The List Update or the List Access problem is a simple model used in the study of competitive analysis of online algorithms. Given a set of items in a list where the cost of accessing an item is proportional to its distance from the head of the list, e.g. a Linked List, and a request sequence of accesses, the problem is to come up with a strategy of reordering the list so that the total cost of accesses is minimized. The reordering can be done at any time but incurs a cost. The standard model includes two reordering actions:
- A free transposition of the item being accessed anywhere ahead of its current position;
- A paid transposition of a unit cost for exchanging any two adjacent items in the list. Performance of algorithms depend on the construction of request sequences by adversaries under various Adversary models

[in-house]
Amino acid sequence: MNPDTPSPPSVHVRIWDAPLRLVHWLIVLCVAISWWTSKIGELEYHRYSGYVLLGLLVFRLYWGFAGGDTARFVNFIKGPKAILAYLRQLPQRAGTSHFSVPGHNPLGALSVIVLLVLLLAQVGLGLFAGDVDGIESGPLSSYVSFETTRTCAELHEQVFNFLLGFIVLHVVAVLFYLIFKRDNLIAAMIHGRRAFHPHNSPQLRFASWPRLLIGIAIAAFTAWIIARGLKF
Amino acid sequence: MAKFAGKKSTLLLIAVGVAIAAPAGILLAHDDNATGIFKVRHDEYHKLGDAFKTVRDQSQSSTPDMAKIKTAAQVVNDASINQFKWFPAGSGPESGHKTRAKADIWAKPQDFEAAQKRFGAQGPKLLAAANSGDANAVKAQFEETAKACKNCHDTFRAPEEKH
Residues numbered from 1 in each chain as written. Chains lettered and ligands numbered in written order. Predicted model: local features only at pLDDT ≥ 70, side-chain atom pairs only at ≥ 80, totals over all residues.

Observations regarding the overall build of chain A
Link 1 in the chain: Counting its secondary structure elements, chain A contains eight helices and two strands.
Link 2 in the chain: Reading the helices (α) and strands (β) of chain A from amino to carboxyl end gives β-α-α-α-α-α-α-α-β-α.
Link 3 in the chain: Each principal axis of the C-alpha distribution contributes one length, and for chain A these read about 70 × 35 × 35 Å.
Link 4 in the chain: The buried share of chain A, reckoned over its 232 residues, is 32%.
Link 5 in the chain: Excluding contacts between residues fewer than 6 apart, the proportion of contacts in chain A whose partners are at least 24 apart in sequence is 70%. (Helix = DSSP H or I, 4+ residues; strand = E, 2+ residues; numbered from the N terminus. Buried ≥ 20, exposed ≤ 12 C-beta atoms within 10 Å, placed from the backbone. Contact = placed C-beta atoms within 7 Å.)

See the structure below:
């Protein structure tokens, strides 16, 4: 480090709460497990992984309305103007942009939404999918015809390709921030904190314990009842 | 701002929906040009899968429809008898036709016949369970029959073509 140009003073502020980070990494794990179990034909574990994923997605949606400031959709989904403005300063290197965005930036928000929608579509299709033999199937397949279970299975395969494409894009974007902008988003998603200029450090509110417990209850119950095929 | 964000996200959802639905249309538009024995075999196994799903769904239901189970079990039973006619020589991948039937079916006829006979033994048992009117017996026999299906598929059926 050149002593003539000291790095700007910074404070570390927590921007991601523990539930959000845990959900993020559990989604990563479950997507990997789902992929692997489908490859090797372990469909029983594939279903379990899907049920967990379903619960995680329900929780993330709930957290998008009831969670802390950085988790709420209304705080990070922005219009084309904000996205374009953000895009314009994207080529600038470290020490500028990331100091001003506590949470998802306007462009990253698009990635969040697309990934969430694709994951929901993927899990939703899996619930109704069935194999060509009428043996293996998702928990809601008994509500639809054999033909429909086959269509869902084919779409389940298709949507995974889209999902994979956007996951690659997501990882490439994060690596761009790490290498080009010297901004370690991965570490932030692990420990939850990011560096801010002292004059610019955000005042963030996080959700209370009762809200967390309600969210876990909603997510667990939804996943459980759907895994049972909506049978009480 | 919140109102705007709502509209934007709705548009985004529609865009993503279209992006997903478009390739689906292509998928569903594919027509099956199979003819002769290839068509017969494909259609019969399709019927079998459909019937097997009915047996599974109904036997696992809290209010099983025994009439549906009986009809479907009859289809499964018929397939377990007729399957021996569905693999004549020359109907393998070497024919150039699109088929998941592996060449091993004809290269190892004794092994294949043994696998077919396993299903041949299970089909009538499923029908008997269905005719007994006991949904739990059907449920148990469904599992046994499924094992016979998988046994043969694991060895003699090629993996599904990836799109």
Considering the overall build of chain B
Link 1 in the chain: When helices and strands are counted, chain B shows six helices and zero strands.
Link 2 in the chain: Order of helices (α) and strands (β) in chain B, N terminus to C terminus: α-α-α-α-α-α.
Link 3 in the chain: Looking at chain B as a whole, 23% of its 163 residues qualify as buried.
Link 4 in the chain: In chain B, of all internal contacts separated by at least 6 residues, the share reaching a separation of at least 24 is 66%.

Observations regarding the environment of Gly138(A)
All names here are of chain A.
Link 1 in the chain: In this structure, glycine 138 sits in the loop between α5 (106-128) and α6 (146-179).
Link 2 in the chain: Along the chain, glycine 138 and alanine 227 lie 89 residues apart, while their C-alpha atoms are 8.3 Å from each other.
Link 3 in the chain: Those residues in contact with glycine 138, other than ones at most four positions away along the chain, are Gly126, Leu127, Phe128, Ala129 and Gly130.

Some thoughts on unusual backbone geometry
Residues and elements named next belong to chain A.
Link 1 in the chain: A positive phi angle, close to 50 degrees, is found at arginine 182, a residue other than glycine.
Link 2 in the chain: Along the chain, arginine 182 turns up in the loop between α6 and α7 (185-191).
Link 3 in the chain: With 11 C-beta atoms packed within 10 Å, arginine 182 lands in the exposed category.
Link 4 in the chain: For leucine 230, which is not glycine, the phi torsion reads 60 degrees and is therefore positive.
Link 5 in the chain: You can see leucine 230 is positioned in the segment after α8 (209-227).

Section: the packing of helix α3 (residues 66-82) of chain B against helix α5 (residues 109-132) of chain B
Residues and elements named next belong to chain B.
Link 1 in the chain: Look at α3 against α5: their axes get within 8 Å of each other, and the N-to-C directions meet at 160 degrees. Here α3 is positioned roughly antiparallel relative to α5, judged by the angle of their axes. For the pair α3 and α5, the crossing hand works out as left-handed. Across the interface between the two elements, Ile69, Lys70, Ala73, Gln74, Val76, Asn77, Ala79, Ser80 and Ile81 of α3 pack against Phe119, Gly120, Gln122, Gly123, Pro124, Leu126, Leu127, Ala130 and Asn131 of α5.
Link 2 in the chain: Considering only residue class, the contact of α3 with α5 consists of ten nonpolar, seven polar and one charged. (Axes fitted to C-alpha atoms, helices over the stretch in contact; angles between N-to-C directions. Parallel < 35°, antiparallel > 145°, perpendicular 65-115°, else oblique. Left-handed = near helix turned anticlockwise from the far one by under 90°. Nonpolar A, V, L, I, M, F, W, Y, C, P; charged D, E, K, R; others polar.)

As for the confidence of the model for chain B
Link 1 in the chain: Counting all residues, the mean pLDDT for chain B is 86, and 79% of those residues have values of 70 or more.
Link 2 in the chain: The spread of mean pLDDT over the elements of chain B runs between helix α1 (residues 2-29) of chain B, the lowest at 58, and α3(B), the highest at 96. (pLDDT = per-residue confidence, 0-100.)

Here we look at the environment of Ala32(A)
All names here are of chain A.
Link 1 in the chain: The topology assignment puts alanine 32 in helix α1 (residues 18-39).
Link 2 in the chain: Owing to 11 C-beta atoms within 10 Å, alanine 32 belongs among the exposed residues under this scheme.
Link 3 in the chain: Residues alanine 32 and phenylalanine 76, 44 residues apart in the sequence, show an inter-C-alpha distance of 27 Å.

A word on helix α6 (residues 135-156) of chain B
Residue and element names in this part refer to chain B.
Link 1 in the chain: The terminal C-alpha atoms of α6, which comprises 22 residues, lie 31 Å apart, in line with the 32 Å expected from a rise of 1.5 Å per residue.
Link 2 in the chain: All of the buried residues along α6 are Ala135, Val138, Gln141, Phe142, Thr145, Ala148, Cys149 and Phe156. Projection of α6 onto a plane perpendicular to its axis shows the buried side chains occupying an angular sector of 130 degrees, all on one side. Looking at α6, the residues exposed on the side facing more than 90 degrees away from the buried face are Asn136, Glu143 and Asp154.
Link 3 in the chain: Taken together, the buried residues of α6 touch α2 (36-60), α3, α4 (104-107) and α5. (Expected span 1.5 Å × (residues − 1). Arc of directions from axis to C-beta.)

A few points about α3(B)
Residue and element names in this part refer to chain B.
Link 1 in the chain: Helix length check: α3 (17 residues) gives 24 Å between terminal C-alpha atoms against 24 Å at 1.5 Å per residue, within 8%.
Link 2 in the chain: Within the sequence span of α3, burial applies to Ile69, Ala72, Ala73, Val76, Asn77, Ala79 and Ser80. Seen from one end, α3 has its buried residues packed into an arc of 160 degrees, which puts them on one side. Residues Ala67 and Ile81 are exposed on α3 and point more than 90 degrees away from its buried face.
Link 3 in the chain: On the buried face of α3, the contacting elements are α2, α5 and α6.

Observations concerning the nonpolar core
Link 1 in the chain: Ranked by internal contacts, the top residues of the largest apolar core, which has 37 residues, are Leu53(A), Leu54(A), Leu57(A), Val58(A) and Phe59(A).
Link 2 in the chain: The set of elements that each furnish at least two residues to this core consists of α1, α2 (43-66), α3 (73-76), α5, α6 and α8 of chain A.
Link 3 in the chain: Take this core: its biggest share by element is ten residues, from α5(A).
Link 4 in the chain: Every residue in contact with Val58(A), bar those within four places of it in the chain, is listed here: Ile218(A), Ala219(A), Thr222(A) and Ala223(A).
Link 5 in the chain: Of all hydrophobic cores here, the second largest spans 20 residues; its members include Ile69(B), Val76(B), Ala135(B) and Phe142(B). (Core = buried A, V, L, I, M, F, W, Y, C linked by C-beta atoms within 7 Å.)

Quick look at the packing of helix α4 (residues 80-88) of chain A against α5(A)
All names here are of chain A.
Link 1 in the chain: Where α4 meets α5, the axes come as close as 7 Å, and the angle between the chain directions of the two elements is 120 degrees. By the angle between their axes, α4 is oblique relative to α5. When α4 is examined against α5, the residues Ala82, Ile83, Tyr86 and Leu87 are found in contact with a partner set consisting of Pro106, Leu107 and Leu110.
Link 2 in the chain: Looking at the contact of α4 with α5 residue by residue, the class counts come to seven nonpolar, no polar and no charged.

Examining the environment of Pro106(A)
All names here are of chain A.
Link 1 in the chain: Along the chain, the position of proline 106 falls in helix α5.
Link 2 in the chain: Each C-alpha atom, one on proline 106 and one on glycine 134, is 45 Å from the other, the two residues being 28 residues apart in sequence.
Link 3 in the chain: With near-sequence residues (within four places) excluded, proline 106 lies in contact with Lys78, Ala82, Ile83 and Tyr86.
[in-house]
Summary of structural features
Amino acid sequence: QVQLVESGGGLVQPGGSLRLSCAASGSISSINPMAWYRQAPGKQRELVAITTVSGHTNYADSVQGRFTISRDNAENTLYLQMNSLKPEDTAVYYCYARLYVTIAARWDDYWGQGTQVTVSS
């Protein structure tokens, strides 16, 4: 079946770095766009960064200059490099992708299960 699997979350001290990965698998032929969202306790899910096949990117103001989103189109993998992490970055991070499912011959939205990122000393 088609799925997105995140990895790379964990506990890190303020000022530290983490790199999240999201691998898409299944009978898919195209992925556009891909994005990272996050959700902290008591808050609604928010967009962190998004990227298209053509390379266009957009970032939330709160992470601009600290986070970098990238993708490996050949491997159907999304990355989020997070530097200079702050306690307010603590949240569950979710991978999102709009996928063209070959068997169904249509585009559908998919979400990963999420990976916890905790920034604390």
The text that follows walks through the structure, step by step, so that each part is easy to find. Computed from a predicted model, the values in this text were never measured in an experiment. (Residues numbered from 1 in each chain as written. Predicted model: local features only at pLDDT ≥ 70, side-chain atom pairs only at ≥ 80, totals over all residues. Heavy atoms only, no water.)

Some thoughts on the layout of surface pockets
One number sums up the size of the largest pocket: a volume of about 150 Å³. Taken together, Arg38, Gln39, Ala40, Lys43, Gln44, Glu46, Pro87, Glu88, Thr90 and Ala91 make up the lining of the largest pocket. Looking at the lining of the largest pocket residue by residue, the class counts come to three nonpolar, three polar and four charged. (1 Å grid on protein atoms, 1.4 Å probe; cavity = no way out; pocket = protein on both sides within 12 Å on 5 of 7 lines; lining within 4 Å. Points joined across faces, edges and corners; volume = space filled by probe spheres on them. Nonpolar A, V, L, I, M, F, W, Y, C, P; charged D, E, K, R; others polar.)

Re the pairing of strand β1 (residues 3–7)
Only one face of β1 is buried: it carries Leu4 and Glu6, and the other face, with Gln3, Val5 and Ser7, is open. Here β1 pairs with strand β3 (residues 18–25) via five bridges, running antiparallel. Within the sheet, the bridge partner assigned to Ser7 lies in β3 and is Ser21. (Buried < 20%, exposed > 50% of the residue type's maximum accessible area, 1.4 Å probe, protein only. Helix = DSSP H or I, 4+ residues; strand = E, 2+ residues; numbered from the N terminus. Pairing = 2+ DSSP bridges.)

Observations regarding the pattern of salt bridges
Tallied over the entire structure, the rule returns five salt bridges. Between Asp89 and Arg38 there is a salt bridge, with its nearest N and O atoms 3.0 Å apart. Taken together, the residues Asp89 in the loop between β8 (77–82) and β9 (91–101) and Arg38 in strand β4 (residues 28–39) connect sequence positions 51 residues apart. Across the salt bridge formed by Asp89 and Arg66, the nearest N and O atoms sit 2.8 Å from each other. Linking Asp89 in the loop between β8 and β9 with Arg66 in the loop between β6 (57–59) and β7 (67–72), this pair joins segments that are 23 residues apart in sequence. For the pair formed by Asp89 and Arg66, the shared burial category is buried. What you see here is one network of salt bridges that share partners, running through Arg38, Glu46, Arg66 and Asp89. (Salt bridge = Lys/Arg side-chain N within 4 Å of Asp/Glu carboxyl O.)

An online algorithm for this problem has to reorder the elements and serve requests based only on the knowledge of previously requested items and hence its strategy may not have the optimum cost as compared to an offline algorithm that gets to see the entire request sequence and devise a complete strategy before serving the first request.
Along with its original uses, this problem has been suggested to have a strong similarity to problems of improving global context and compressibility following a Burrows–Wheeler transform. Following this transform, files tend to have large regions with locally high frequencies, and compression efficiency is greatly improved by techniques that tend to move frequently-occurring characters toward zero, or the front of the "list". Due to this, methods and variants of Move-to-Front and frequency counts often follow the BWT algorithm to improve compressibility.